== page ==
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Citywealth speaks to Robin Rathmell, Kobre & Kim

12 April 2018

Marcela Kunova

Citywealth speaks to Robin Rathmell, of US law firm Kobre & Kim about protecting assets of UHNWs in the case of government forfeiture.

 

Tell me about your role at Kobre & Kim.

My role is to coordinate the global defence of my clients’ assets, typically in the context of white collar criminal or commercial litigation cases involving allegations of fraud, dishonesty, or other misconduct. UHNWIs and HNWIs have unique litigation issues in these cases because, in addition to their number one priority which is the safety and security of themselves and their families, they tend to have substantial assets in intricate structures around the world. Those assets are often the target of asset forfeiture by governments or claims by litigation opponents. My job is to ensure that those assets are protected by all lawful means through a robust litigation strategy in all of the relevant jurisdictions.

 

How has the private client industry changed?

My field has seen a major increase in government attacks on client’s assets. For example, through the Kleptocracy Asset Recovery Initiative, the U.S. Department of Justice (DOJ) has launched more and more civil forfeiture cases related to foreign conduct, where the money in issue has flowed through the U.S. banking system but the assets and people concerned are overseas. My clients are seeing an increasing number threats to their foreign assets as the long arm of the DOJ keeps stretching. And this is by no means confined to the government agencies. In civil and commercial litigation, adverse parties are starting to realise that they need to attack assets around the world rather than just suing people. The upshot is that, as litigators representing private clients, we need to be vigilant to global litigation risks and prepared to defend assets in any jurisdiction around the world, and often in several simultaneously.

 

What lessons have you learnt?

I was a barrister at Serle Court in London for several years before joining Kobre & Kim. This was fantastic because it gave me grounding on the courtroom side of litigation, and I had opportunities to hone my courtroom advocacy skills throughout the first decade of my legal career. This helped me immensely when I crossed the Atlantic, and the professional divide, joining Kobre & Kim. Here I learned the client management side of the profession, which is immensely important in the private client world, and got a broader perspective on cases than the sometimes-blinkered “heat of battle” view you get from the courtroom. As my career developed at Kobre & Kim, I focused more on global strategy and as a partner I now concentrate on trying to deliver solutions for my clients that are realistic and useful, supported by my wonderful colleagues around the world.

And that is my most precious lesson: look first at the problem the client is facing. All too often, litigators are tempted to rush to court in our “home” jurisdiction. The more I understand private clients and the issues they face, however, the more I realise that just as often the solution to their legal problem lies beyond the “obvious” jurisdiction: it might be a media strategy, it might require introducing clients to asset structuring lawyers, and it might require alternative legal actions in other jurisdictions. Private clients’ assets tend to be in complex structures, and it’s important that we’re flexible and responsive to that.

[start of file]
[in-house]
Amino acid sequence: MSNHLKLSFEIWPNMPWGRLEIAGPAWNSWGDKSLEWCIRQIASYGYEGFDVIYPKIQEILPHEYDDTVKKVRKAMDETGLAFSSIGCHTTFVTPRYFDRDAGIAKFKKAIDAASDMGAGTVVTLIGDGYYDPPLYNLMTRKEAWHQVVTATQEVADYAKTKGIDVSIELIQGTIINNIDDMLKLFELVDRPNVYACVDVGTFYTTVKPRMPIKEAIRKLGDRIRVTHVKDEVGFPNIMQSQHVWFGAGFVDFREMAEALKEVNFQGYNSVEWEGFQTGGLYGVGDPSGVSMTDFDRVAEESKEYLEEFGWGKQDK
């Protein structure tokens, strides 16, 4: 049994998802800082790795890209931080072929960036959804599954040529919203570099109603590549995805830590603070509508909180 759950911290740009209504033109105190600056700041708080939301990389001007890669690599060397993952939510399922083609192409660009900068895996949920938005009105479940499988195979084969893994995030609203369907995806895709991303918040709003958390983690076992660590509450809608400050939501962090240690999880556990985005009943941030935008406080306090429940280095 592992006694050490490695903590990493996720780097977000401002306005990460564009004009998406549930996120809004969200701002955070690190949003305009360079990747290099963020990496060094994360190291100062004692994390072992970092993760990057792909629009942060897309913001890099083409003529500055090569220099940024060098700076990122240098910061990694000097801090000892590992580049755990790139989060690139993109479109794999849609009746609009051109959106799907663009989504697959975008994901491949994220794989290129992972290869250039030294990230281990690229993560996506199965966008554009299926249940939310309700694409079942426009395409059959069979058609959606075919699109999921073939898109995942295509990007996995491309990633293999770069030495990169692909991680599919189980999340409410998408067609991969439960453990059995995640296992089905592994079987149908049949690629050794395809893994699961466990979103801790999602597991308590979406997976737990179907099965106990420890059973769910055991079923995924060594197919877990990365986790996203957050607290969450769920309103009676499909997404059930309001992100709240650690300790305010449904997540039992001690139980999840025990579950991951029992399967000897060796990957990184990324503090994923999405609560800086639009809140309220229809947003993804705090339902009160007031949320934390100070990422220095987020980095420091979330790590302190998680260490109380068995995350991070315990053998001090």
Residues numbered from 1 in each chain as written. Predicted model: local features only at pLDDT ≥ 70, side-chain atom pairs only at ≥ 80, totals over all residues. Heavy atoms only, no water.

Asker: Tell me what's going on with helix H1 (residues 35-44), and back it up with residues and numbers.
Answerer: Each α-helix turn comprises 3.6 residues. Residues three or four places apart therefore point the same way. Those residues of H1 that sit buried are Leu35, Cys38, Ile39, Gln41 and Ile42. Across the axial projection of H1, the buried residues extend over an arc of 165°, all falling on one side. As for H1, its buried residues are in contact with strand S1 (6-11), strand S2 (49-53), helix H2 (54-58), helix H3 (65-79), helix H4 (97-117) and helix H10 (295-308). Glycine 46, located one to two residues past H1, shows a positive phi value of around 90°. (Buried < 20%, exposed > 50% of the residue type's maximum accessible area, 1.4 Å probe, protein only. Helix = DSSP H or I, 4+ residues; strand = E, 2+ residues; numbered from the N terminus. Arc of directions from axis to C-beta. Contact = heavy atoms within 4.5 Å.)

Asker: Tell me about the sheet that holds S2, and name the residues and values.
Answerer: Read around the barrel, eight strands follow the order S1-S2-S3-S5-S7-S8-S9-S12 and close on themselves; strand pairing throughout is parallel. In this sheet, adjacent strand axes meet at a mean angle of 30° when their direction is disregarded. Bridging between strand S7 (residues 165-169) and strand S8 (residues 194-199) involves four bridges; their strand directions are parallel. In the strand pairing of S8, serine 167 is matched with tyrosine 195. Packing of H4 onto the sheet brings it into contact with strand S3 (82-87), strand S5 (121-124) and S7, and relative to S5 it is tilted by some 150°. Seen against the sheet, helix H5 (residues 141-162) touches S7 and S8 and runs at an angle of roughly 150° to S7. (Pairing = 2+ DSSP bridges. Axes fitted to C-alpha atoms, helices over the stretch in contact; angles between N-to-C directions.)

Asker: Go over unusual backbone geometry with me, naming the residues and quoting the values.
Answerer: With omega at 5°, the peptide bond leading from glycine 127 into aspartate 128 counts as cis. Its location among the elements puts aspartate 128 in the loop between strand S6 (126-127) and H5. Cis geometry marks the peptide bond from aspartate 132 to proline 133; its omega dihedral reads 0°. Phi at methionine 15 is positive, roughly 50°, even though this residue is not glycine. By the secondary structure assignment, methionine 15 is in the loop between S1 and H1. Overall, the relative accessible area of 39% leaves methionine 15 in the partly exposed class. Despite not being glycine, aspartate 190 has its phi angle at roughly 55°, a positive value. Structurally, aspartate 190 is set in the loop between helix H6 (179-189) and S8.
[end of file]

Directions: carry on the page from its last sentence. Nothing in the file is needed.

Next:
What interesting cases have you been working on?  

A South American family was exposed to major litigation risk as a consequence of several difficult commercial litigation situations and government asset forfeiture threats to their assets. We developed a litigation strategy that not only protected the assets, but also negotiated the resolution of the disputes through repatriation to the original jurisdiction of a relatively modest proportion of the total funds. This was an exercise in both client management as no client wants to lose assets, and adversarial negotiation among three governments and several commercial creditors, all of whom wanted to take every penny the client had. Resolving everything in one fell swoop, and seeing the look of relief on the family’s faces when they knew that their lives could continue, and when the parents realised their kids would be provided for, was a particularly satisfying moment from the last year.

 

What are the obstacles to successful litigation?

I am involved in several of the largest asset forfeiture cases in the world. All of them involve offshore assets held in trusts sought by major governments. The words “offshore trust” typically result in eye rolls and wry smiles from prosecutors and some judges. It’s our job to explain to them not only that they are legitimate asset holding structures, but also that they are independently owned and operated by trustees. Sometimes it becomes necessary to litigate this point, both in the jurisdiction where the potential prosecution is taking place and in the trust’s jurisdiction. These disputes, and the need to work with multiple lawyers, make for a challenging but rewarding litigation landscape.

 

What’s the best piece of advice you’ve received?

Focus on clients’ problems and how you’re going to fix them, and don’t lecture them on the law.

 

What’s the impact of Trump’s presidency on the private wealth industry?

I have not seen an impact thus far. Asset forfeiture actions continue unabated, and the global assault on the offshore financial centres appears not to have diminished. I don’t foresee major changes as a consequence of one particular President.

 

How do you relax after a long day?

I have three beautiful kids under four years old, and a seven-month-old German Shepherd puppy. I go to the office to relax and come home to work.

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